On The Way Up

While Team Bellingham is out racing each day, the Ambassadors are able to enjoy local sites and cultural activities.  These have included the historic City of Newcastle, the Wine Region of Hunter Valley, and the 45 Mile Long Stanley Sand Dunes where the movie Mad Max was filmed.  Today we climbed Tomaree Head.  Tomaree Head is one of two headlands that protect the entrance to Nelson Bay.  With the other Head, Yaccaba Headland, these  old volcanic hills protect the bay.

Tomaree Head lies at the northeastern tip of Tomaree National Park of the southern peninsula from the headland at the northeastern tip following a strip south and then west around the coast to Boat Harbour and Little Kingsley Beach. The beaches are attractive and ideal for swimming and fishing. The park is full of birdlife and, from July to February, wildflowers. In all, the bushland around Port Stephens supports considerable biological diversity: 230 bird species, 48 mammal species and 650 plant species. (Taken From Port Stephens Australia.Com)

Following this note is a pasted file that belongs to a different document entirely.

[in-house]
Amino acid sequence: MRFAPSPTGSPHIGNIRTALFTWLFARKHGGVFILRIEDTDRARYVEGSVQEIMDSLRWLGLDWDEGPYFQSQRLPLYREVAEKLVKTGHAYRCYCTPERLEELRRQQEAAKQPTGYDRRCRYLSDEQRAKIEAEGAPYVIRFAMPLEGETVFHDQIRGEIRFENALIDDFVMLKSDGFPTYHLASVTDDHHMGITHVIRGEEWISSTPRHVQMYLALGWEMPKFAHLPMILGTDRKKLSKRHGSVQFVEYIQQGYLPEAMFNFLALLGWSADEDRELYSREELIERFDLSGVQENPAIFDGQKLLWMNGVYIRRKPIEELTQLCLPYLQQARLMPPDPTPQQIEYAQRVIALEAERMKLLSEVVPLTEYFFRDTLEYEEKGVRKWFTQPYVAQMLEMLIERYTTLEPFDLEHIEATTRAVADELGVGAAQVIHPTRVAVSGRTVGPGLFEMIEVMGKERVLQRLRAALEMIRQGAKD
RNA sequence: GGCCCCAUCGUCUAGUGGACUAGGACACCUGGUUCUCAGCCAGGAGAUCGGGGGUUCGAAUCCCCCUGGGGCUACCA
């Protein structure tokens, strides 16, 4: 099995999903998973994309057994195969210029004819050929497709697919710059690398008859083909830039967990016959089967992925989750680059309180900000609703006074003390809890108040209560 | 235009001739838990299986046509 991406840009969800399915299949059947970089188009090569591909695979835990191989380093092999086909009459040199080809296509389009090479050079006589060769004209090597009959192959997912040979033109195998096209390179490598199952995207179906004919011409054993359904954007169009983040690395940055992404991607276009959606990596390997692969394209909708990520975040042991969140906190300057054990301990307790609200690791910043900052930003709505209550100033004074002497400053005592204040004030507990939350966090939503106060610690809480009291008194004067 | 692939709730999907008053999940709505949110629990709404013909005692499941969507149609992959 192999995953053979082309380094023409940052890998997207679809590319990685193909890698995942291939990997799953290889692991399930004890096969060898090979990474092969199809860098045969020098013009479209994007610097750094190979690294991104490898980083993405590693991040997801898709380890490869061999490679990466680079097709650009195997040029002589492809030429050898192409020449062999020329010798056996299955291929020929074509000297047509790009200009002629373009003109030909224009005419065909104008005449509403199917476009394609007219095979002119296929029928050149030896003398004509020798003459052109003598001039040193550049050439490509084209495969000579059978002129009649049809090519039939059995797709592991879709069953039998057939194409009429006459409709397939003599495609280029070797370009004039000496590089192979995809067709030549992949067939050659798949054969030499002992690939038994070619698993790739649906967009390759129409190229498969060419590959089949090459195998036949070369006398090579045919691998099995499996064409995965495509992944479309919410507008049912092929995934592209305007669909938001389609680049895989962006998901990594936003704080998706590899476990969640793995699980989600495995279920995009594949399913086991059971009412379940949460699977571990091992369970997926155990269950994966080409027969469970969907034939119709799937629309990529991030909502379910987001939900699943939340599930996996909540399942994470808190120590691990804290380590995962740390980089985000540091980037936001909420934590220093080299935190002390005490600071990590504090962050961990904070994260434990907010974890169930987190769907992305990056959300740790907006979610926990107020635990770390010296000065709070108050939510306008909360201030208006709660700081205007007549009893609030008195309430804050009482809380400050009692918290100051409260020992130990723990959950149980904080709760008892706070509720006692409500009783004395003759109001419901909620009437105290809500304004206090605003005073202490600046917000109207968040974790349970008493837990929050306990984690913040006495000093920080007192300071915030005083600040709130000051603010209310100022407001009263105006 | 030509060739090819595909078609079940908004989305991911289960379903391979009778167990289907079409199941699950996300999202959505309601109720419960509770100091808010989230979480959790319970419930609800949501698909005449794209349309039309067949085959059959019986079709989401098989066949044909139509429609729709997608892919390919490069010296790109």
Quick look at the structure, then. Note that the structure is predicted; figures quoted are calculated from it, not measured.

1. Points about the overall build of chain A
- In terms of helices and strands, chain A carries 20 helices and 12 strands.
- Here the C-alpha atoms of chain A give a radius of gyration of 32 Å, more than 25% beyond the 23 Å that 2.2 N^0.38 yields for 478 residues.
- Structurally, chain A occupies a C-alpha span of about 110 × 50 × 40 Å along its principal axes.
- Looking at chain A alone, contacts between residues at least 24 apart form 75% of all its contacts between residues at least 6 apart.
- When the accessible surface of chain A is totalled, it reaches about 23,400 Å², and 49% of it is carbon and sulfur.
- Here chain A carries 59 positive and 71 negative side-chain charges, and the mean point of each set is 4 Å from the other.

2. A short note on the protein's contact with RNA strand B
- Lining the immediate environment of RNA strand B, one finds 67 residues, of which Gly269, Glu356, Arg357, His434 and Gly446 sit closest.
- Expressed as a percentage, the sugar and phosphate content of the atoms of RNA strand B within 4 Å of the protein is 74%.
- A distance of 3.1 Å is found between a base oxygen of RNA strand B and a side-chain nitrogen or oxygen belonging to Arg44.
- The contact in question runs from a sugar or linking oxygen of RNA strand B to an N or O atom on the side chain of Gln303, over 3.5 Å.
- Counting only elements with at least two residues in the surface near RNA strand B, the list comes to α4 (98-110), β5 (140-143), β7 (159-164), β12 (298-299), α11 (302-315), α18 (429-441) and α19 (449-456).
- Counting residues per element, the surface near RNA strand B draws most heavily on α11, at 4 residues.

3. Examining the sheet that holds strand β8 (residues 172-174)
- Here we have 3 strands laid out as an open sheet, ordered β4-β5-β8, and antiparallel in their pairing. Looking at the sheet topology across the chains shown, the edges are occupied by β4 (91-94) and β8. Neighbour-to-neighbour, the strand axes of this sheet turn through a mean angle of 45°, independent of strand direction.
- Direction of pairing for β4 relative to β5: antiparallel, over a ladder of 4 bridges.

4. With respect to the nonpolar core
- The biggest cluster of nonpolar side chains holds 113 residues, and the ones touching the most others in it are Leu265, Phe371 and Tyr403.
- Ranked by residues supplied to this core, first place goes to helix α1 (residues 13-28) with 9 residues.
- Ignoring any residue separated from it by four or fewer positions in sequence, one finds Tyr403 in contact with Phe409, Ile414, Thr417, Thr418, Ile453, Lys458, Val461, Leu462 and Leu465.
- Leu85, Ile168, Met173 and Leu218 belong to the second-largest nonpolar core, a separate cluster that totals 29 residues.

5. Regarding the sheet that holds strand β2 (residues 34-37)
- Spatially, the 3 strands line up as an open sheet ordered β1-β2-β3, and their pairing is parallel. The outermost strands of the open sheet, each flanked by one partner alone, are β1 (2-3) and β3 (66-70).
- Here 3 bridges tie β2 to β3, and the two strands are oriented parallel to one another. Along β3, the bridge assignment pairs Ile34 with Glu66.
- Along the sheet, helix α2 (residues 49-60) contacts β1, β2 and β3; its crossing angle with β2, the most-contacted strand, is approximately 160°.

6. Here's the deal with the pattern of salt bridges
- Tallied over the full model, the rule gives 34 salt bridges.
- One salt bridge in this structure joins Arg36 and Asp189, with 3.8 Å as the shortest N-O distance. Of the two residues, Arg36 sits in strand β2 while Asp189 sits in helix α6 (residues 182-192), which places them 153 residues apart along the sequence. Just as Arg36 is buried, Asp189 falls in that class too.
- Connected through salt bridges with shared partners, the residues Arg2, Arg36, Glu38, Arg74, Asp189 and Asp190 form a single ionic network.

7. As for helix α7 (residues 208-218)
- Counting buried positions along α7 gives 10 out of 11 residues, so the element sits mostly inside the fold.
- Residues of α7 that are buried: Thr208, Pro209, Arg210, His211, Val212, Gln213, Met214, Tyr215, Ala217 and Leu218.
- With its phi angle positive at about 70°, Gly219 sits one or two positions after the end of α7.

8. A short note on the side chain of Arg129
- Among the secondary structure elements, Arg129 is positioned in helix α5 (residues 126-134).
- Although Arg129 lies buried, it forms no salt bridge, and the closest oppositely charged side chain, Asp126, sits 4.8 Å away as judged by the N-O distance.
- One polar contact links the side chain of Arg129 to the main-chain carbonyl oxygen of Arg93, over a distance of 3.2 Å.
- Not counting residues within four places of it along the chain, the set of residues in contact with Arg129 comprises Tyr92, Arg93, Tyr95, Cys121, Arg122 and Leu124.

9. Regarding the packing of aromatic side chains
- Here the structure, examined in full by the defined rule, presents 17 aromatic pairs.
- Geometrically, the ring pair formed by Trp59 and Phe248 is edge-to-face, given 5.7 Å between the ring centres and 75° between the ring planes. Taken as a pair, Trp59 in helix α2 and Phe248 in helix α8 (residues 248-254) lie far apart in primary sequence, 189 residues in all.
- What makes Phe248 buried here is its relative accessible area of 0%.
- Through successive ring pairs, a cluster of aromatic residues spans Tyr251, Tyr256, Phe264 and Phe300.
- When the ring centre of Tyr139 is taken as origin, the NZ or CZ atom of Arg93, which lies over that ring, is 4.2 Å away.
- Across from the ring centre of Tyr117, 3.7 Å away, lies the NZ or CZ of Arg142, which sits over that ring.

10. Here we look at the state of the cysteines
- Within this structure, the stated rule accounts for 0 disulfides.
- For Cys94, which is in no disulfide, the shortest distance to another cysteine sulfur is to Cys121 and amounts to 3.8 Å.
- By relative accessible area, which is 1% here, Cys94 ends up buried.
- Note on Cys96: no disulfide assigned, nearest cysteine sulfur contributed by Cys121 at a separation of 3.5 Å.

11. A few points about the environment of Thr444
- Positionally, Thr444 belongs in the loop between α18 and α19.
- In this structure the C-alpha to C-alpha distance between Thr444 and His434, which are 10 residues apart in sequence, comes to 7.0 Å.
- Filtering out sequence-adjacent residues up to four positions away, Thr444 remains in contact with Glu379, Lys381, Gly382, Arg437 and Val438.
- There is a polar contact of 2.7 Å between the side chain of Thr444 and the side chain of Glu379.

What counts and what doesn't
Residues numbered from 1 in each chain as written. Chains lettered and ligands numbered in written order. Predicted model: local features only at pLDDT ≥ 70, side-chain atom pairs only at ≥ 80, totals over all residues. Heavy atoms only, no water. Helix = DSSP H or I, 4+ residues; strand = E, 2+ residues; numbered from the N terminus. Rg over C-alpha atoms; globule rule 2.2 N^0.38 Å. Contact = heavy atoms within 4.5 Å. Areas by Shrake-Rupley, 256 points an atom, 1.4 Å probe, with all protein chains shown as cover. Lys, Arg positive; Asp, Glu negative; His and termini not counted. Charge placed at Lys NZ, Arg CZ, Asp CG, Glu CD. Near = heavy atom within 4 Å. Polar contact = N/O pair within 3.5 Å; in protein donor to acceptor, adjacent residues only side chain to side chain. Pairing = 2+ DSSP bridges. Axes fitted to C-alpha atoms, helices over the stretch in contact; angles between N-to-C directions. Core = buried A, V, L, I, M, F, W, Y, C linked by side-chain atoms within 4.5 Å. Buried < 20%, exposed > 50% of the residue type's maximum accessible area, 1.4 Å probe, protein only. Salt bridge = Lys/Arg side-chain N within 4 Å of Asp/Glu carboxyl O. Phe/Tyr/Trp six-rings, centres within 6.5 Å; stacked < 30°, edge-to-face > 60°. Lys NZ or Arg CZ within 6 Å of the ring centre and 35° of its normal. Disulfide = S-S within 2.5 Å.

Beaches, Bark and Buds

The beauty of the region is quite stunning.  It is not really possible to describe everything.  The birds, from Parrots to Penguins are varied and stunning.  The spiders, not normally something of interest to many, are big and colorful.  The flowers, even though winter is coming on, are numerous and bright.  Tomaree Head is one of the most stunning areas that one can enjoy in Port Stephens and at every turn there is a photograph to be taken.  Walking up Tomaree Head is relatively easy, in that the park service has put ladders up the head to protect the environment.  At the top of Tomaree Head, people have started placing engraved brass locks on the railings that memorialize the passing of some and the marriage of others.  Port Stephens is a special place.



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